Overview

Your application must be instrumented before it can send tracing and monitoring data to Hypertrace. Let's explain what instrumentation is and how you can instrument your application for distributed tracing.

Concept overview

A tracer is a utility library, similar to metrics or logging libraries. It is a mechanism uses to trace an operation.

Instrumentation is framework-specific code that uses a tracer to collect details such as the http url and request timing.

Instrumentation must be configured and pointed to a tracing system for tracing to work. This is often done automatically with agents or frameworks like Spring Boot. |

An Instrumentation example

Learning objectives

  • Make Python Flask API-based microservices call each other.
  • Instrument a basic microservice app
  • Deploy a microservice-based application with Kubernetes.

Tools we will be using

  1. Python
  2. Flask: Flask is a popular, extensible web microframework for building web applications with Python.
  3. Kubernetes (K8s)

Application flow and code

This application is based on sample application available here.

Architecture for our final application will look something like below:

How it works?

We have 3 Flask API's here. API-1 communicates with API-2 and API-3 and API-2 talks to API-3. We are trying to implement classic microservices scenario here. Let's look a bit into those APIs:

  1. API-1
@app.before_request
def log_request_info():
    app.logger.debug('Headers: %s', request.headers)
    app.logger.debug('Body: %s', request.get_data())


@zipkin_client_span(service_name='api_01', span_name='call_api_02')
def call_api_02():
    headers = create_http_headers()
    # K8s does not allow underscores in the service name
    requests.get('http://api-02:5000/', headers=headers)
    return 'OK'


@zipkin_client_span(service_name='api_01', span_name='call_api_03_FROM_01')
def call_api_03():
    headers = create_http_headers()
    requests.get('http://api-03:5000/', headers=headers)
    return 'OK'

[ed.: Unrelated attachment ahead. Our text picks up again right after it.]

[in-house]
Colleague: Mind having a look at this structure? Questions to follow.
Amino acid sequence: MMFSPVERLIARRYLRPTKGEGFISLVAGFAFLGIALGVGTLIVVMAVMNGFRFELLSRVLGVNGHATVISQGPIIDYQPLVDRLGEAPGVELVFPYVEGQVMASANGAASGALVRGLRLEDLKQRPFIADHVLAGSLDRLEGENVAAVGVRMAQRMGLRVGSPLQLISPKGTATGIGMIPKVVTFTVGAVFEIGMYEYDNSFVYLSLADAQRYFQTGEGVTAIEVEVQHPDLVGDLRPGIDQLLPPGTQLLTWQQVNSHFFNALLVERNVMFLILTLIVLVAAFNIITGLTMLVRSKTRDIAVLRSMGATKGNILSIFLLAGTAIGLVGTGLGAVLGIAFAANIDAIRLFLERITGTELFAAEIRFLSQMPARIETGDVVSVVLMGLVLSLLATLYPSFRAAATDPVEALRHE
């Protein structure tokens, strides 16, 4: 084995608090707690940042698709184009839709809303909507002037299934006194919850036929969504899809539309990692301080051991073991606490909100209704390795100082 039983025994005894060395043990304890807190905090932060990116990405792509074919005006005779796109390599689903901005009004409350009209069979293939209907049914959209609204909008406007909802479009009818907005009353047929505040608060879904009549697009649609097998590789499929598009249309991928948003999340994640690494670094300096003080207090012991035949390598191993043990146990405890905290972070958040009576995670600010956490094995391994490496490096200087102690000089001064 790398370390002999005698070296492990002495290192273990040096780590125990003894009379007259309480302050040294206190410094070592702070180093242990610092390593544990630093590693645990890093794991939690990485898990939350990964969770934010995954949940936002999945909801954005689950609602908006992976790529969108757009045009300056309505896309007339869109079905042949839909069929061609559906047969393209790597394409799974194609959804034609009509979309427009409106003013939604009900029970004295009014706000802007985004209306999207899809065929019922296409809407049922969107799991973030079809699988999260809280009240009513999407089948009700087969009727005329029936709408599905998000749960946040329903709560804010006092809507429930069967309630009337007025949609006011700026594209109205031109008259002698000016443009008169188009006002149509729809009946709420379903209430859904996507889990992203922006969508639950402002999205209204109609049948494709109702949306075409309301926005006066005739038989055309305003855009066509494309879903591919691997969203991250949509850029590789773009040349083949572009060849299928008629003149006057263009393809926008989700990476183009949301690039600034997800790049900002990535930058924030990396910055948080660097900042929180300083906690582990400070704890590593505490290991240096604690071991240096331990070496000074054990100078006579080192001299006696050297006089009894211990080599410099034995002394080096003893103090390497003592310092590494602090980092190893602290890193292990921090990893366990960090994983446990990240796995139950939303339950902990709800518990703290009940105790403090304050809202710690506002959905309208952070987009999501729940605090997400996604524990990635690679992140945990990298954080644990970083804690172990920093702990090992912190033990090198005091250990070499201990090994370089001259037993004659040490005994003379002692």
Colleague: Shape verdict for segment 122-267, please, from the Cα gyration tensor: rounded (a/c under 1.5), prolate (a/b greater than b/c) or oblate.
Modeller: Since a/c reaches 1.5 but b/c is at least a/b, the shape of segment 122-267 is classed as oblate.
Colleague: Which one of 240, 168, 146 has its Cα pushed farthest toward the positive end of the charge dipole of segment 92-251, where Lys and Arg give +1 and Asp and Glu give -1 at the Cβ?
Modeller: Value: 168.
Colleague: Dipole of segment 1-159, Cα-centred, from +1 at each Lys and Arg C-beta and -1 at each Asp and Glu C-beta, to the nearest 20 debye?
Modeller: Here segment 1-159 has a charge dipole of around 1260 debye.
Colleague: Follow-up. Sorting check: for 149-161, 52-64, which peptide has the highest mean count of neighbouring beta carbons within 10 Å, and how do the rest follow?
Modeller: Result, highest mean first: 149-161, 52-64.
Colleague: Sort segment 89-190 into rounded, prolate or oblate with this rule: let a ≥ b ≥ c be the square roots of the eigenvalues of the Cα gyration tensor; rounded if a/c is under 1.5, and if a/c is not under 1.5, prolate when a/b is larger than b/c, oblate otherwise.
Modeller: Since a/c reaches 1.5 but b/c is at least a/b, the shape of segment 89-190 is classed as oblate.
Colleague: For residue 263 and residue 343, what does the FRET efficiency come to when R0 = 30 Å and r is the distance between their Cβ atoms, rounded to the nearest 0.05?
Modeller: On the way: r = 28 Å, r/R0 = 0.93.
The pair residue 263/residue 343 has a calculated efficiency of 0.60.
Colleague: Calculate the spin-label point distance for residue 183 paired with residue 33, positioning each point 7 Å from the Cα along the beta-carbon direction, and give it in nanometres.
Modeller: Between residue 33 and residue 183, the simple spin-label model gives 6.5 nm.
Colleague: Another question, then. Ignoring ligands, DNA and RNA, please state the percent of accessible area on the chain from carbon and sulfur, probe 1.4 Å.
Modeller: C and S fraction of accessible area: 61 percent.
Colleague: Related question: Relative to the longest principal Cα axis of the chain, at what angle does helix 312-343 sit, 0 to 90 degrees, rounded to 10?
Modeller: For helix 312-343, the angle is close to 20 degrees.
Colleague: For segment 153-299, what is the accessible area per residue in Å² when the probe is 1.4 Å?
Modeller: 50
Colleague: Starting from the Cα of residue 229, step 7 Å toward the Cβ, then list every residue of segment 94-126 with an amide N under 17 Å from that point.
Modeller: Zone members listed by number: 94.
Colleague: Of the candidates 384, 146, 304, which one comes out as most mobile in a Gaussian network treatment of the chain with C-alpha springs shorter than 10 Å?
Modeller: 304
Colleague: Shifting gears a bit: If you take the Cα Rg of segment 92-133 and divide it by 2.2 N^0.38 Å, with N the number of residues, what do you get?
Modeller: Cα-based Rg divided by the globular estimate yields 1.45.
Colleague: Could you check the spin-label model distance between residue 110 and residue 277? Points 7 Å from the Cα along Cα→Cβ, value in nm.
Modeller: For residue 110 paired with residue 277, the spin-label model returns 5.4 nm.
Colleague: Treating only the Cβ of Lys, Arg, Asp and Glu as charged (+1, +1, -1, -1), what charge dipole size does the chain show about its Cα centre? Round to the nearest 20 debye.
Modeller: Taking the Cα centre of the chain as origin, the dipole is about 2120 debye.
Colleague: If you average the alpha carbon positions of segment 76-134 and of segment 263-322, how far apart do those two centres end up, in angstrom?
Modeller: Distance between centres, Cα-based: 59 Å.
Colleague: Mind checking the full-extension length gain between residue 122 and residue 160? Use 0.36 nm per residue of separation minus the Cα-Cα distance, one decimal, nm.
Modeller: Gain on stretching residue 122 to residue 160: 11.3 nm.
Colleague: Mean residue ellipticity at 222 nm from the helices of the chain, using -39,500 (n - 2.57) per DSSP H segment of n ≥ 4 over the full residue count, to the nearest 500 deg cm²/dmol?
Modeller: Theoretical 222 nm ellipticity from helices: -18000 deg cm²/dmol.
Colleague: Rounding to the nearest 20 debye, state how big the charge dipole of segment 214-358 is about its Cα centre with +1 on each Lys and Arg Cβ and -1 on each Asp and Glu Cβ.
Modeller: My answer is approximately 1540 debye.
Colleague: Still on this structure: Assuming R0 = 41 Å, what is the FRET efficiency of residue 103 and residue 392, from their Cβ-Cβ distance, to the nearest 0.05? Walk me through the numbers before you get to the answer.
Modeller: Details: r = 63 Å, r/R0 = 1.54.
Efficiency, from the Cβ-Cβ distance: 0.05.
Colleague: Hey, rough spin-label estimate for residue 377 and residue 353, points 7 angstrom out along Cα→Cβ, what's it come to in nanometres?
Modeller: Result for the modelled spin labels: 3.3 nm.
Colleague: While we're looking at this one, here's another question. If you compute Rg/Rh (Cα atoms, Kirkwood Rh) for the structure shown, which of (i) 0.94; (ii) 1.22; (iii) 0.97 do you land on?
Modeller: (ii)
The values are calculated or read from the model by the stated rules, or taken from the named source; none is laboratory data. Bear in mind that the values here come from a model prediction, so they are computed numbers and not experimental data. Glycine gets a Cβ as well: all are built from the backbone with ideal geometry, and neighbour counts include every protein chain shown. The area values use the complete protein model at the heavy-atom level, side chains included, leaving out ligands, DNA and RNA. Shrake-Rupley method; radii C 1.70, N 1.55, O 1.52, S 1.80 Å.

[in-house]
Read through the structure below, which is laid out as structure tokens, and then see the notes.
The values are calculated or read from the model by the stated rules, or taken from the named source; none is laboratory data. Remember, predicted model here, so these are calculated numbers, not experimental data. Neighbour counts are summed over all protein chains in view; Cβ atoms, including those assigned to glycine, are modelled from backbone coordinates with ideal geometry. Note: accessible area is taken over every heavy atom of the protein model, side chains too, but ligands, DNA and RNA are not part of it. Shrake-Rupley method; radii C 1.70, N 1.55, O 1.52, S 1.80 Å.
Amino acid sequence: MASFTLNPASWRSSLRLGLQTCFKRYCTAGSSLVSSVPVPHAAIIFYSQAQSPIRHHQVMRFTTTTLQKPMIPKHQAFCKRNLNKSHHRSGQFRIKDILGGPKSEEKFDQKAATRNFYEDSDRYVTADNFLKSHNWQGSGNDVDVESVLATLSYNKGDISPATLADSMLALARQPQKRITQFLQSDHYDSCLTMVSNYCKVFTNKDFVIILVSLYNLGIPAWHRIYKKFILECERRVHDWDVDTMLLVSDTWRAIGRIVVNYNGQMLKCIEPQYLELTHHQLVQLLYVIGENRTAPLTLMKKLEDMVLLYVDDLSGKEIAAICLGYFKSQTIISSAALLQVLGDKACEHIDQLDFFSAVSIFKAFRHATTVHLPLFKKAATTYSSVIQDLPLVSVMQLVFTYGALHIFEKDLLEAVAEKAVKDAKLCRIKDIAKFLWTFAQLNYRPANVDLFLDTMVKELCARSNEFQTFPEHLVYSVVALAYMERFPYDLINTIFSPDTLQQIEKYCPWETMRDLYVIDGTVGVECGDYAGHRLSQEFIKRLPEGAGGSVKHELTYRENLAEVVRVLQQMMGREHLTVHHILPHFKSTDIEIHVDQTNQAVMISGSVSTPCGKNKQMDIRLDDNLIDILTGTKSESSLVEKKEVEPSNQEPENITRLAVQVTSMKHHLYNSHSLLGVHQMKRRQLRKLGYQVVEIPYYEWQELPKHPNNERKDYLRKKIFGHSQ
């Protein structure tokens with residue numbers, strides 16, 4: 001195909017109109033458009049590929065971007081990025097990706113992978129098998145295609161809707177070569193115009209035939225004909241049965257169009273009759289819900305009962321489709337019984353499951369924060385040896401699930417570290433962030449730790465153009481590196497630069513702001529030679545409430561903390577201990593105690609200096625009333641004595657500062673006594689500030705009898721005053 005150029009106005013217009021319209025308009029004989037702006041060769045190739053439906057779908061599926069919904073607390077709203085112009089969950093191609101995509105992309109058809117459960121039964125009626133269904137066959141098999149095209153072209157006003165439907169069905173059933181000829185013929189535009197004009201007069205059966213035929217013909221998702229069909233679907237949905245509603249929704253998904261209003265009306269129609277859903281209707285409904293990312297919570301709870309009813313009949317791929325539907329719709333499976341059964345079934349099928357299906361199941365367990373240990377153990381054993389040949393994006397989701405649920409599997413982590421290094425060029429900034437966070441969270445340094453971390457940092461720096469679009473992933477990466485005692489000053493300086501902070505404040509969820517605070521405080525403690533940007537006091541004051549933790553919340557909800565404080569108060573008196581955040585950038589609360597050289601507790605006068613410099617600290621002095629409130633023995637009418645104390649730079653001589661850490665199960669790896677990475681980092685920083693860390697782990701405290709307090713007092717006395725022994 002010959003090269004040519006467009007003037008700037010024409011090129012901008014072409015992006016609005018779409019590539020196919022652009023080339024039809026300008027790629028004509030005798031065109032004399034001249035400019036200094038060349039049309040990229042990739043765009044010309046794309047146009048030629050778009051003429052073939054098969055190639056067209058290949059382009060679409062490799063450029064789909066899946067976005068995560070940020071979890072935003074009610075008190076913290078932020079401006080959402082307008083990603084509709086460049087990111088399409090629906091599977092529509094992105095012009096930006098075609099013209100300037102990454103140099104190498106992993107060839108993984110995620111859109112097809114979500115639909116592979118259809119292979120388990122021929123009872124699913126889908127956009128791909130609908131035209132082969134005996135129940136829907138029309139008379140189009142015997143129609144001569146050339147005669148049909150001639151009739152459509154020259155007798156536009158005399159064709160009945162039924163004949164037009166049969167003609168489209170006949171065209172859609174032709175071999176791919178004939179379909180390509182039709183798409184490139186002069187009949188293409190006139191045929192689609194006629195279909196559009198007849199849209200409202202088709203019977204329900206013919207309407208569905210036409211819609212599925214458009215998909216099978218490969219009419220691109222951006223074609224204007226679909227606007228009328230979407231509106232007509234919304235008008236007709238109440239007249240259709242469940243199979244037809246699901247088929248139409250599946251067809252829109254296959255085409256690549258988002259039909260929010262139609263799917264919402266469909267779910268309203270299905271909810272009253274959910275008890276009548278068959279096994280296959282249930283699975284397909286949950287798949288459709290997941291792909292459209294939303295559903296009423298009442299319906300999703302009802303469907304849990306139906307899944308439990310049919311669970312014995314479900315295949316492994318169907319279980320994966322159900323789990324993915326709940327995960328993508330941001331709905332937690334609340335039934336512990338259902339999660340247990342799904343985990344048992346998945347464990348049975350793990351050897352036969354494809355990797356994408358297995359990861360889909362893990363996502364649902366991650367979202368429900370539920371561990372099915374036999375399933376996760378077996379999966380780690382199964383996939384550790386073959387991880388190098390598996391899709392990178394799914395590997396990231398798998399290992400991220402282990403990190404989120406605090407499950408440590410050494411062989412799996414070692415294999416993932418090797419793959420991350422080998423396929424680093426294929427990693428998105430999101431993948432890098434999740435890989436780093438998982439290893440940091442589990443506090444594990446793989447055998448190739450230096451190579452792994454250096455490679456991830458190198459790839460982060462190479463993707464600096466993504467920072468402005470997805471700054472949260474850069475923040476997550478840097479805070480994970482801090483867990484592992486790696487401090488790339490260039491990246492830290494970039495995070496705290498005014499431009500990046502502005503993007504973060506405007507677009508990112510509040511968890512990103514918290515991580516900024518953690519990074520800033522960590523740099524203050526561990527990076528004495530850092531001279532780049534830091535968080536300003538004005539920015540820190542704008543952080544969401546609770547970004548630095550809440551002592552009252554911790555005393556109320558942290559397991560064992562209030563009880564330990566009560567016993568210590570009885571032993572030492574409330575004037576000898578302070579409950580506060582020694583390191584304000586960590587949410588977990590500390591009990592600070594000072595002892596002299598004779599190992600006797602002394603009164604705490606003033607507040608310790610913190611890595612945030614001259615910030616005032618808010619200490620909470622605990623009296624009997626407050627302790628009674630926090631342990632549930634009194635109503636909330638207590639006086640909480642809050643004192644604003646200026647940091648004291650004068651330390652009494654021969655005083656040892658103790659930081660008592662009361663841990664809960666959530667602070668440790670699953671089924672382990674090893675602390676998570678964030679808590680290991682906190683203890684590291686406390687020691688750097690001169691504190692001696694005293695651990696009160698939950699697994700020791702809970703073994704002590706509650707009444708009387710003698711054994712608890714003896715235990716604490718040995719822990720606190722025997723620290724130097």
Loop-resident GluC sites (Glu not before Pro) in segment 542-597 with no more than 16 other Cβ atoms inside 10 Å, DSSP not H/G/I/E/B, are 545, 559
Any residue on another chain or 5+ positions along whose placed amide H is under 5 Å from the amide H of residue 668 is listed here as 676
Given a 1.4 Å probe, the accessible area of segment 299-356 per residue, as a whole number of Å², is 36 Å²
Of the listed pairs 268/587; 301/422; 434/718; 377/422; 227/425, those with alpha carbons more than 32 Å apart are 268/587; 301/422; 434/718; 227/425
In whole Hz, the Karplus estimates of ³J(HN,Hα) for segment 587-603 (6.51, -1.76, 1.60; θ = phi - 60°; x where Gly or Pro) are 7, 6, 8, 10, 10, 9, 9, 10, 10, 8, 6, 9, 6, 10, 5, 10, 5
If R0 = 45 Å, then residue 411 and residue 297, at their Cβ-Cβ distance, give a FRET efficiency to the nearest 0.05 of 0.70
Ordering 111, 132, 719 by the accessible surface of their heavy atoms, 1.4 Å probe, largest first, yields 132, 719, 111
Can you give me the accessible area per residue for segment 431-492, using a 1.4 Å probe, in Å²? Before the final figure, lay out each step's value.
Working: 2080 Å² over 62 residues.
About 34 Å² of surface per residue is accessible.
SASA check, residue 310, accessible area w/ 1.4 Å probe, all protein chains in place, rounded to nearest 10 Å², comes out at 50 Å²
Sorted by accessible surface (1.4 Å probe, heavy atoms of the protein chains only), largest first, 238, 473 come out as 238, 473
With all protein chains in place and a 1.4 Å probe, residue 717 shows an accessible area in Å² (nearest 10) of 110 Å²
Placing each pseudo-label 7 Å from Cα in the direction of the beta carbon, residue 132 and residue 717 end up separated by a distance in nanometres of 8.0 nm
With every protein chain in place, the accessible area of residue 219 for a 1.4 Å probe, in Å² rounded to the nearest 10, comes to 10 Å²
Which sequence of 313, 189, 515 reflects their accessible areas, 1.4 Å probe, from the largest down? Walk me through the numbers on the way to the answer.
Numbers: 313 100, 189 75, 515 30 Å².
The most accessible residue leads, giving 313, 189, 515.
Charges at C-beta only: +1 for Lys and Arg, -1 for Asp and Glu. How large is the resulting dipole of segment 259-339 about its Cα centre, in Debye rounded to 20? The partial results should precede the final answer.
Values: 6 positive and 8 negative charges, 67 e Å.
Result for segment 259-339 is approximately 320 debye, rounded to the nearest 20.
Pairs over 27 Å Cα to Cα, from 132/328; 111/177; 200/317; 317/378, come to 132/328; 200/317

API-1 accepts the requests and calls API-2 and API-3.

  1. API-2
@zipkin_client_span(service_name='api_02', span_name='call_api_03')
def call_api_03():
    headers = create_http_headers()
    requests.get('http://api-03:5000/', headers=headers)
    return 'OK'

API-2 calls API-3.

  1. API-3
@zipkin_client_span(service_name='api_03', span_name='sleep_api_03')
def sleep():
    time.sleep(2)
    return 'OK'

API-3 is very lazy and just sleeps!

  1. Span Handler

You can use create span handler as follows:

def default_handler(encoded_span):
    body = encoded_span
    app.logger.debug("body %s", body)
    # return requests.post(
    #     "http://zipkin:9411/api/v1/spans",
    #     data=body,
    #     headers={'Content-Type': 'application/x-thrift'},
    # )

    # return requests.post(
    #     "http://zipkin:9411/api/v2/spans",
    #     data=body,
    #     headers={'Content-Type': 'application/json'},
    # )

    return requests.post(
        "http://oc-collector.hypertrace:9411/api/v2/spans",
        data=body,
        headers={'Content-Type': 'application/json'},
    )
  1. Defining attributes

You can set attributes you want in spans using module ZipkinAttrs from py_zipkin as follows

zipkin_attrs=ZipkinAttrs(
            trace_id=request.headers['X-B3-TraceID'],
            # Start a new SERVER span whose parent is the span in the headers
            span_id=generate_random_64bit_string(),
            parent_span_id=request.headers['X-B3-SpanID'],
            flags=1,
            is_sampled=request.headers['X-B3-Sampled'],
        )

Now we have Flask apps and we know the application flow. How should we deploy our app?

Let's create a Dockerfile which will help us to build a Docker container to run the app!

From python:3.7

COPY ./requirements.txt /app/requirements.txt

WORKDIR /app

RUN pip install -r requirements.txt

COPY . /app

ENTRYPOINT [ "python" ]

CMD [ "app.py" ]

Once we run Docker build for each app we will get Docker images for each microservice or API. We can create a Kubernetes deployment for this app and get it runnning with Kubernetes. But first we need a YAML file.

Let's create a YAML file:

apiVersion: v1
kind: Namespace
metadata:
  name: simple-python

# app_01
---
apiVersion: apps/v1
kind: Deployment
metadata:
  name: simplepython
  namespace: simple-python
spec:
  replicas: 1
  selector:
    matchLabels:
      app: simplepython
  template:
    metadata:
      labels:
        app: simplepython
    spec:
      containers:
      - name: simplepython
        image: python_app_01:0.1.0
---
apiVersion: v1
kind: Service
metadata:
  name: api-01
  namespace: simple-python
spec:
  type: ClusterIP
  selector:
    app: simplepython
  ports:
  - name: http
    port: 5000
    targetPort: 5000
---
apiVersion: v1
kind: Service
metadata:
  name: simplepython-external
  namespace: simple-python
spec:
  type: LoadBalancer
  selector:
    app: simplepython
  ports:
  - name: simplepython-external-port
    port: 5001
    targetPort: 5000

Similary you can add API-2 and API-3 and you have your YAML file ready.

From your terminal run kubectl apply -f deploy.yaml. Once all pods are up and running, you can access API-1 atlocalhost:5001`. You have successfully deployed your first microservice app!

Was it fun?

Learn more about microservices at microservices.io. If you have application that's already instrumented or want to use sample app to quickly get started with Hypertrace, you can refer quick start section!